When it comes to … You have the luxury, hopefully at this stage, in your life to not rush into something, to not do things out of anxiety or fear. So take a meditative conscious approach, and do some exploring, do some playing, do things that bring you joy and happiness, ask the questions, and meditate on them, and know that the answers will show up for you when you're in the right frequency to receive them.
Melinda Wittstock: Yes. That is so, so true. JJ, how can people find out about your event and work with you if they want to work with you?
J.J. FLIZANES: The best place to go to is JJFlizanes.com. That's J-J-F-L-I-Z-A-N-E-S.com. Now the event is not listed there because it's coming out quickly, and people might listen to this when it's been long gone, although there will be a virtual ticket and a course that gets created from the event. Just be sure to go to the free tools and resources, and see what speaks to you. That would be my advice. There's a quiz called what blocks me, and it's a quiz about what areas of life stop you from growing. That quiz will lead you to the event page. You can also go to releasingwhatweighsyoudown.com. It's January 12th to the 14th in Los Angeles. It's a limited room, and we are selling out so if you are interested in coming live, I would definitely say if you hear this in time, get your ticket. You can get a virtual ticket so you can get the event when it's over and go to the sessions on your own, but releasingwhatweighsyoudown.com is the event.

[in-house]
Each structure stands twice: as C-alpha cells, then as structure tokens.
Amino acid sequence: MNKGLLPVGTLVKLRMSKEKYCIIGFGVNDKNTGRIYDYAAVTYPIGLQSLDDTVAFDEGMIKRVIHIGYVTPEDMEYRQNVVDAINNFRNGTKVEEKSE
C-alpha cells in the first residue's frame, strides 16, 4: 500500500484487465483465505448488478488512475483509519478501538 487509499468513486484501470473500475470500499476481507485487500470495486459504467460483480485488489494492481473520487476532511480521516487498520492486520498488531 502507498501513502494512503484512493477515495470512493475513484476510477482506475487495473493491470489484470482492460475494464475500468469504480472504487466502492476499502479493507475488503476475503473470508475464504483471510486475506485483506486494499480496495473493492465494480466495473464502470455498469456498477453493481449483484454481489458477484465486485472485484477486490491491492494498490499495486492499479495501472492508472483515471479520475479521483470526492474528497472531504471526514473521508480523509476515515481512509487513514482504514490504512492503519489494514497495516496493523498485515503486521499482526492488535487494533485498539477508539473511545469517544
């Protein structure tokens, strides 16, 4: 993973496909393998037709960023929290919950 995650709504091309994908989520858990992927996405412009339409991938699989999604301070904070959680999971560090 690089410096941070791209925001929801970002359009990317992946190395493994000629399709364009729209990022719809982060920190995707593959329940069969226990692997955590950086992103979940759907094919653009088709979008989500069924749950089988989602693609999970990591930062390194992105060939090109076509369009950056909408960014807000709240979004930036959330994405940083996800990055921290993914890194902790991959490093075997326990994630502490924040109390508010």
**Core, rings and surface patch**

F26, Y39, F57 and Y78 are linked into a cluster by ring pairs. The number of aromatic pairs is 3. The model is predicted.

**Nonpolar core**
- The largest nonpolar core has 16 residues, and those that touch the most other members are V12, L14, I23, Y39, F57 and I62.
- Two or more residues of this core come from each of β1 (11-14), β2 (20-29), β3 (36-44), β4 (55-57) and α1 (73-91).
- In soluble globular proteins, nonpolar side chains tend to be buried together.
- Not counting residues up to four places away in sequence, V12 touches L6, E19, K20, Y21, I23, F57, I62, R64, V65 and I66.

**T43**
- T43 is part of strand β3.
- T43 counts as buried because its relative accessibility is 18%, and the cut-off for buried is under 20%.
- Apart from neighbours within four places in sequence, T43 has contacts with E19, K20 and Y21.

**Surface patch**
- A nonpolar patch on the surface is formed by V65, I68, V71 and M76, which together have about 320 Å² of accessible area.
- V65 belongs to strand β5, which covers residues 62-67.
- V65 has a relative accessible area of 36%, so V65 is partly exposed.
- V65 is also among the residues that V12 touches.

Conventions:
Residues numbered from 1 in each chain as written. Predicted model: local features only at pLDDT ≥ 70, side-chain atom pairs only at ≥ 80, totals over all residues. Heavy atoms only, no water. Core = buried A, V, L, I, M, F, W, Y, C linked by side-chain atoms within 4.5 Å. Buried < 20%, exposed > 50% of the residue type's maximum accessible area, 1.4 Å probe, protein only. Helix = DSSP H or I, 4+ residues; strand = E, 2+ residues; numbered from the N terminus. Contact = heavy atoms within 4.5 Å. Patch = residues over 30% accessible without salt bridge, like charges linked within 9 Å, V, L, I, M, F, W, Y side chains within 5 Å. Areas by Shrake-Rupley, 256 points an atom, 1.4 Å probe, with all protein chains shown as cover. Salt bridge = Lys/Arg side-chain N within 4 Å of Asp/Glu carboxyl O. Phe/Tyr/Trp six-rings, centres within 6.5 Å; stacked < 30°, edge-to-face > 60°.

JJFlizanes.com is where I have a whole bunch of resources from a free 30-day manifestation group, which helps you to get into vibration alignment with what you want. It's free. I have some amazing stories from that group. It's been going on for a year. We don't do it every month, the next one's in February. I've got an optimal health checklist and avoiding burnout checklist for entrepreneurs so you don't run yourself into the ground, so that you can keep your energy high, so that you can avoid getting adrenal fatigue and getting sick, so that you can create space so that you can receive the messages that you're looking for.